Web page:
Let’s spread the word about the Meatless Monday movement in 2010.
It’s not a new thing. Meatless Mondays were promoted first by the U.S. Government during World War I to conserve supplies of key food staples for soldiers abroad. Herbert Hoover began the campaign, as head of the Food Administration and the American Relief Association, during Woodrow Wilson’s presidency, as a way of promoting volunteerism and personal sacrifice while the country was at war.
They even made menus available to support the effort.
Most recently Meatless Mondays have been promoted by the Johns Hopkins School of Public Health, Center for a Livable Future. The U.S. Department of Agriculture supports the initiative with nutritional guidelines for those who are skeptical about going meatless for even one day.
With the threat of global climate change upon us, this simple action represents an important and powerful step we all can take. The United Nations Food and Agriculture Organization estimates that nearly 20 percent of greenhouse gases are caused by the meat industry. (Many estimates are even higher.) University of Chicago geophysicists estimate that, if we all cut our meat consumption by 20 percent (the approximate decrease achieved if everyone in the United States participated in Meatless Mondays), the reduction in greenhouse gas production would be the equivalent of every American switching to a hybrid vehicle. That’s huge!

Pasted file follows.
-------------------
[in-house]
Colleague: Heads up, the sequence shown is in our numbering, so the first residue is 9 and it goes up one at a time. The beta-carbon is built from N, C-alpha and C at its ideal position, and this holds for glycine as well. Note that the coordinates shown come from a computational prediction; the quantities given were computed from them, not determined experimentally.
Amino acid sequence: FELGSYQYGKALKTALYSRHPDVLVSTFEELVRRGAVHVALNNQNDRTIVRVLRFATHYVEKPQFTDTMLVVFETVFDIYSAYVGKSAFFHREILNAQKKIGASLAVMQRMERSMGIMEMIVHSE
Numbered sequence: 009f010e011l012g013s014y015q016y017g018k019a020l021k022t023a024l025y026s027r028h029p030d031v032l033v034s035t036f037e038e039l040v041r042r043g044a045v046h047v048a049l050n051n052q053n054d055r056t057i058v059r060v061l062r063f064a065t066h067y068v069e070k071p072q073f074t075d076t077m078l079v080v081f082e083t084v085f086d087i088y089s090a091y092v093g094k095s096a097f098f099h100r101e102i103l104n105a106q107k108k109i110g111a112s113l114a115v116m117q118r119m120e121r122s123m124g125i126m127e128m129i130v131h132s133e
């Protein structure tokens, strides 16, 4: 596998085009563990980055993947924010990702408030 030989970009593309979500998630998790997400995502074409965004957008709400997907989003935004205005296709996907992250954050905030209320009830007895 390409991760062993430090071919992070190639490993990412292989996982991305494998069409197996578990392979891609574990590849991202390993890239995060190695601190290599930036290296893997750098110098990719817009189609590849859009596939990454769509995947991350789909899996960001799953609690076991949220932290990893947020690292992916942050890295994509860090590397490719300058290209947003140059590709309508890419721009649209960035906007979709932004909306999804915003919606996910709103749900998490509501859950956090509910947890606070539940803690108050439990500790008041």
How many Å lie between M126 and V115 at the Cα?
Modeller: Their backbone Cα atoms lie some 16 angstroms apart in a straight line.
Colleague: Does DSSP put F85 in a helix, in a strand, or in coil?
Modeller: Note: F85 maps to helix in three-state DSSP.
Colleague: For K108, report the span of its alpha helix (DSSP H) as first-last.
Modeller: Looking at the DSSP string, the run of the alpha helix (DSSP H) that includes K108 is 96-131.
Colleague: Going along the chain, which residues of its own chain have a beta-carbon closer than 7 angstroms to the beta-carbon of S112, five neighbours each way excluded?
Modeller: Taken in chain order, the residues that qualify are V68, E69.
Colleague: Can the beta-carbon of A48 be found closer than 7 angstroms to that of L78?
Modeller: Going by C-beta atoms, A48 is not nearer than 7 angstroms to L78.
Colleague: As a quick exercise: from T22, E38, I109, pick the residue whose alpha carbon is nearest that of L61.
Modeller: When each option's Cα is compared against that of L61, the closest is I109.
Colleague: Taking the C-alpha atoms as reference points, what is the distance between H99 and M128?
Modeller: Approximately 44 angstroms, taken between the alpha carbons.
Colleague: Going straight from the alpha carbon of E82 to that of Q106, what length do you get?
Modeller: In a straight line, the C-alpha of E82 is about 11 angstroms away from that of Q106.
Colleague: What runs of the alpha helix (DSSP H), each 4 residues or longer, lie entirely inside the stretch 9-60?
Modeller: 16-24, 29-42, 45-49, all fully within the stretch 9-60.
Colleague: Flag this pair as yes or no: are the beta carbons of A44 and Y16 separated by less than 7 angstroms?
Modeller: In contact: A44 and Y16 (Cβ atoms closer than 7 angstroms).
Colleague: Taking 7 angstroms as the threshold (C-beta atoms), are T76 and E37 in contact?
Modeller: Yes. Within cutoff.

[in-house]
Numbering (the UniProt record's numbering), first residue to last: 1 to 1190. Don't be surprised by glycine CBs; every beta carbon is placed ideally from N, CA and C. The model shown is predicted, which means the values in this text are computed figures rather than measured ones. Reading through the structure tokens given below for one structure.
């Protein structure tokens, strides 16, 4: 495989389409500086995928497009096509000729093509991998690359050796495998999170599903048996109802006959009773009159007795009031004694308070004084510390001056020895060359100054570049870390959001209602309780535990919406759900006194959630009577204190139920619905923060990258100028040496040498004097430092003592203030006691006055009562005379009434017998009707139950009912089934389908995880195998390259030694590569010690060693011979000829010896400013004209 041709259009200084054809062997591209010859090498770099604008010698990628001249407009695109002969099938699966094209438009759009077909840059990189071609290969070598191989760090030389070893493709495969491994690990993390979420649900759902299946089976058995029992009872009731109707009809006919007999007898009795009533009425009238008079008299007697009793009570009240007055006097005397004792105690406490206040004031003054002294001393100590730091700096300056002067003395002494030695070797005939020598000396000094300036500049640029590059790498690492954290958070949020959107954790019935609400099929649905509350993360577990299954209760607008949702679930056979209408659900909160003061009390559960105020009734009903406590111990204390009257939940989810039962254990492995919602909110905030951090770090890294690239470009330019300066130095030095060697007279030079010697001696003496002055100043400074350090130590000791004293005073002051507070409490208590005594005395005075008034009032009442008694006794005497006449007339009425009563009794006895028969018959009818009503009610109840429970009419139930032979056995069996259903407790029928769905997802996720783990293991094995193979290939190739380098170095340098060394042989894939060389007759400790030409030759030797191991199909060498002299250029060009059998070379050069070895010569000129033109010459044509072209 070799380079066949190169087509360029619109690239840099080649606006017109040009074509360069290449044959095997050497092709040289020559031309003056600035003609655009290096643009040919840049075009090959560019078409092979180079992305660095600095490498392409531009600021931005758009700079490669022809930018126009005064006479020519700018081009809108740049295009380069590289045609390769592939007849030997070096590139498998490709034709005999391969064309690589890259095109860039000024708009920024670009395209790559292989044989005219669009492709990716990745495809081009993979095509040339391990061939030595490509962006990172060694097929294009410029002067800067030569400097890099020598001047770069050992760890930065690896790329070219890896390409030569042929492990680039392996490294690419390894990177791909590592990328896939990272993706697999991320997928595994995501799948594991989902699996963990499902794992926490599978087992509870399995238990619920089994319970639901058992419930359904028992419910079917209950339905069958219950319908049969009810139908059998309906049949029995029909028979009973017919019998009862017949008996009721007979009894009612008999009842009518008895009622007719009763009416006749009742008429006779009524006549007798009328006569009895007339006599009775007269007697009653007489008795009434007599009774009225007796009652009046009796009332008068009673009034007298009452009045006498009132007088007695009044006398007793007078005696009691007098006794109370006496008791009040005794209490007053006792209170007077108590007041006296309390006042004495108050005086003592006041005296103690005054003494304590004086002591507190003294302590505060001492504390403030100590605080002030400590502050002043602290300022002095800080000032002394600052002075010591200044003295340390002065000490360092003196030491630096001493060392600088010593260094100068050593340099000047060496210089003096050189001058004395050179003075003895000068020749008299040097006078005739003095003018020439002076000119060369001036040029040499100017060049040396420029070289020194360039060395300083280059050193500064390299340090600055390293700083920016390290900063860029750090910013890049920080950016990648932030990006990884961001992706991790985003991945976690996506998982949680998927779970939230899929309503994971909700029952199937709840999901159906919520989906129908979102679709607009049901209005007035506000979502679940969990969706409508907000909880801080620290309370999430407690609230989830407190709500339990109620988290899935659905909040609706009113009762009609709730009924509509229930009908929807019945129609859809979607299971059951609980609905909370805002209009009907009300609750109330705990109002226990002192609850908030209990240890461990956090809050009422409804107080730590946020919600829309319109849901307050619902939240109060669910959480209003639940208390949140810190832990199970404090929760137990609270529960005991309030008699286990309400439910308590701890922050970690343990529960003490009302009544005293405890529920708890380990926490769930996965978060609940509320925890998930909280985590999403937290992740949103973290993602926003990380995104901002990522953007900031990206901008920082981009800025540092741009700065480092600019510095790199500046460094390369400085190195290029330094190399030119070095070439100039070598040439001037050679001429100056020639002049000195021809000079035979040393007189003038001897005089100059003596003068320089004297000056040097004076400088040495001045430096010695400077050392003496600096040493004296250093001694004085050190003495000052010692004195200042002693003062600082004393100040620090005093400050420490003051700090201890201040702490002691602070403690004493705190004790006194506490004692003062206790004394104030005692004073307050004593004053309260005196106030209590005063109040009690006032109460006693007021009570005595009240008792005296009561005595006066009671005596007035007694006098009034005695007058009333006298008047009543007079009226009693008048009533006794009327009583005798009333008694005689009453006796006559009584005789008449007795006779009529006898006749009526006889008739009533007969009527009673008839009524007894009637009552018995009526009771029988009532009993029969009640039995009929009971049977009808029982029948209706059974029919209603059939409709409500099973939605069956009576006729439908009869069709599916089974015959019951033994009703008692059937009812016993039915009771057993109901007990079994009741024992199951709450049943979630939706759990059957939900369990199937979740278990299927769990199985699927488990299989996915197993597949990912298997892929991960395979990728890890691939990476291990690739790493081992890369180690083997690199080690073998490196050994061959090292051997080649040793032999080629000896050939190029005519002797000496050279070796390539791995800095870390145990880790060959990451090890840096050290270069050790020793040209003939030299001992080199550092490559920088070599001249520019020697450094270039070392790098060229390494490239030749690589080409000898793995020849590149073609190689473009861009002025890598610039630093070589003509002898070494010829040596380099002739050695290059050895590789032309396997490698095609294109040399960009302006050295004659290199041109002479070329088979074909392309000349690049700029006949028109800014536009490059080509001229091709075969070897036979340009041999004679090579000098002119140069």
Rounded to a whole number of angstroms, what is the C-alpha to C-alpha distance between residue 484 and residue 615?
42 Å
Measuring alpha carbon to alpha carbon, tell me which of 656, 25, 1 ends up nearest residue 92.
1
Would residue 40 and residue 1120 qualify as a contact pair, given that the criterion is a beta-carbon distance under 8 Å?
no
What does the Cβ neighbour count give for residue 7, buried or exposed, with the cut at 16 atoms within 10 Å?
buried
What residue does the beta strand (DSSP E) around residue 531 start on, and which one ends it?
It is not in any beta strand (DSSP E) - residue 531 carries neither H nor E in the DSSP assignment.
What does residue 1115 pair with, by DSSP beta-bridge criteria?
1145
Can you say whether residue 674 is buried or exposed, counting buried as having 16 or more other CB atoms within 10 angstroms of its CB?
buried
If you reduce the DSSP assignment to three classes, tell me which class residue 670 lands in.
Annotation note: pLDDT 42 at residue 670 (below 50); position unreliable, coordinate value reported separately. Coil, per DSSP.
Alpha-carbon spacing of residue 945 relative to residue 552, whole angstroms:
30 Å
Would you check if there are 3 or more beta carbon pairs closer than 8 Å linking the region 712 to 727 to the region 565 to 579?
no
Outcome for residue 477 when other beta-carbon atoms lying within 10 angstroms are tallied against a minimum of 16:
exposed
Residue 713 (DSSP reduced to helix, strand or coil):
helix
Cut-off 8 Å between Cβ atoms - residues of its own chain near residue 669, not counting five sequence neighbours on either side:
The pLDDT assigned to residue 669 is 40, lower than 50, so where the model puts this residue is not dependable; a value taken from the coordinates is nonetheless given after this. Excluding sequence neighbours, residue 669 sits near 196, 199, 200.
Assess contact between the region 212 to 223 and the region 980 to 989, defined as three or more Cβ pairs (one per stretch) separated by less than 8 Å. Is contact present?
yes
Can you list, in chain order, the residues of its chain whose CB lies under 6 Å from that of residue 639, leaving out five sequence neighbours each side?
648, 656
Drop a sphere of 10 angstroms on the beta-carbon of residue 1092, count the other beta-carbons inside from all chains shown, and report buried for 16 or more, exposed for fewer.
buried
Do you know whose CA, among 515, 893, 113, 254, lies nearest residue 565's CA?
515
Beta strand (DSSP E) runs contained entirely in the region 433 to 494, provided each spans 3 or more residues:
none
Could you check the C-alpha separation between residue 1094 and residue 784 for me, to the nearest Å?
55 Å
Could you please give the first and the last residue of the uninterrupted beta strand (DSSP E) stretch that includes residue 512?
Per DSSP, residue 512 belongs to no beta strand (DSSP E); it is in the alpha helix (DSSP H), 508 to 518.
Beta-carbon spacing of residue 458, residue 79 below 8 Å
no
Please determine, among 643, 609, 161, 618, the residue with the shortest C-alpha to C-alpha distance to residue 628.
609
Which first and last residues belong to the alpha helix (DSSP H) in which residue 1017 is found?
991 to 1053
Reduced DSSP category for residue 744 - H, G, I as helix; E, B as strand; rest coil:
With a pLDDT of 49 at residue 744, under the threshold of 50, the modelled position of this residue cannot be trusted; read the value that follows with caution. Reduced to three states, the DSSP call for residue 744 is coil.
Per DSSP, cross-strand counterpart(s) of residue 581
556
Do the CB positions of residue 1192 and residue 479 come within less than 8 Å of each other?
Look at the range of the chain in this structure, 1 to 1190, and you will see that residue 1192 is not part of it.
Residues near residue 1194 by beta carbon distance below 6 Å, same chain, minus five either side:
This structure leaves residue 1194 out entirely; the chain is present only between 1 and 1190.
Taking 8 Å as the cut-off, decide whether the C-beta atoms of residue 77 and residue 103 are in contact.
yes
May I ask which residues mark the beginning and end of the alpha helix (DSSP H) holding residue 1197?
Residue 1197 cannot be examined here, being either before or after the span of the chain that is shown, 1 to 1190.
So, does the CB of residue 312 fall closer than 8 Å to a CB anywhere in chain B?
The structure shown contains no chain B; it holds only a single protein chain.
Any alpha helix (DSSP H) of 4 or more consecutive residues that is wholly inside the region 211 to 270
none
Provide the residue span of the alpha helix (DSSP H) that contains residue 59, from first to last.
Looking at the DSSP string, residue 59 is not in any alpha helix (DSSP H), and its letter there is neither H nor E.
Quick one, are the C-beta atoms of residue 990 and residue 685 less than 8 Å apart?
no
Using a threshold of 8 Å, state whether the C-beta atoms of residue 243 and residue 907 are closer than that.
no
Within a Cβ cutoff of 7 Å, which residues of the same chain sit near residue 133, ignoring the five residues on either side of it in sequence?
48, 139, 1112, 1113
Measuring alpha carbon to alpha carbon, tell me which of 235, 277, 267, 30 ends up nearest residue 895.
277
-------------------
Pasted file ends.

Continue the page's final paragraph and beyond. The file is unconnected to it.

Twelve billion gallons of gasoline would be saved if every American went meatless for one day a week during the coming year.
Producing meat takes a lot of water and pollutes our rivers and streams. According to the United Nations, meat production is responsible for nearly half of the stream and river pollution in this country. The production of one pound of beef takes about 2500 gallons of water to produce, compared to soy, which takes about 220 gallons. By participating in Meatless Mondays, an individual could save more than 800 gallons of water a week.
As if protecting our environment weren’t enough reason to take personal action, consider the positive health impact of cutting just one day’s meat consumption. Going meatless for one day a week reduces a person’s saturated fat intake by 15 percent, decreasing the chance of stroke, diabetes, heart disease and some cancers.
Let’s join Al Gore, Paul McCartney, the Baltimore public schools and millions of others in 2010 by joining the Meatless Monday movement. Check out the Huffington Post’s weekly Meatless Monday recipe column and get inspired.
There’s plenty of help available on the Meatless Monday website. Most importantly, let’s all spread the word about this simple idea!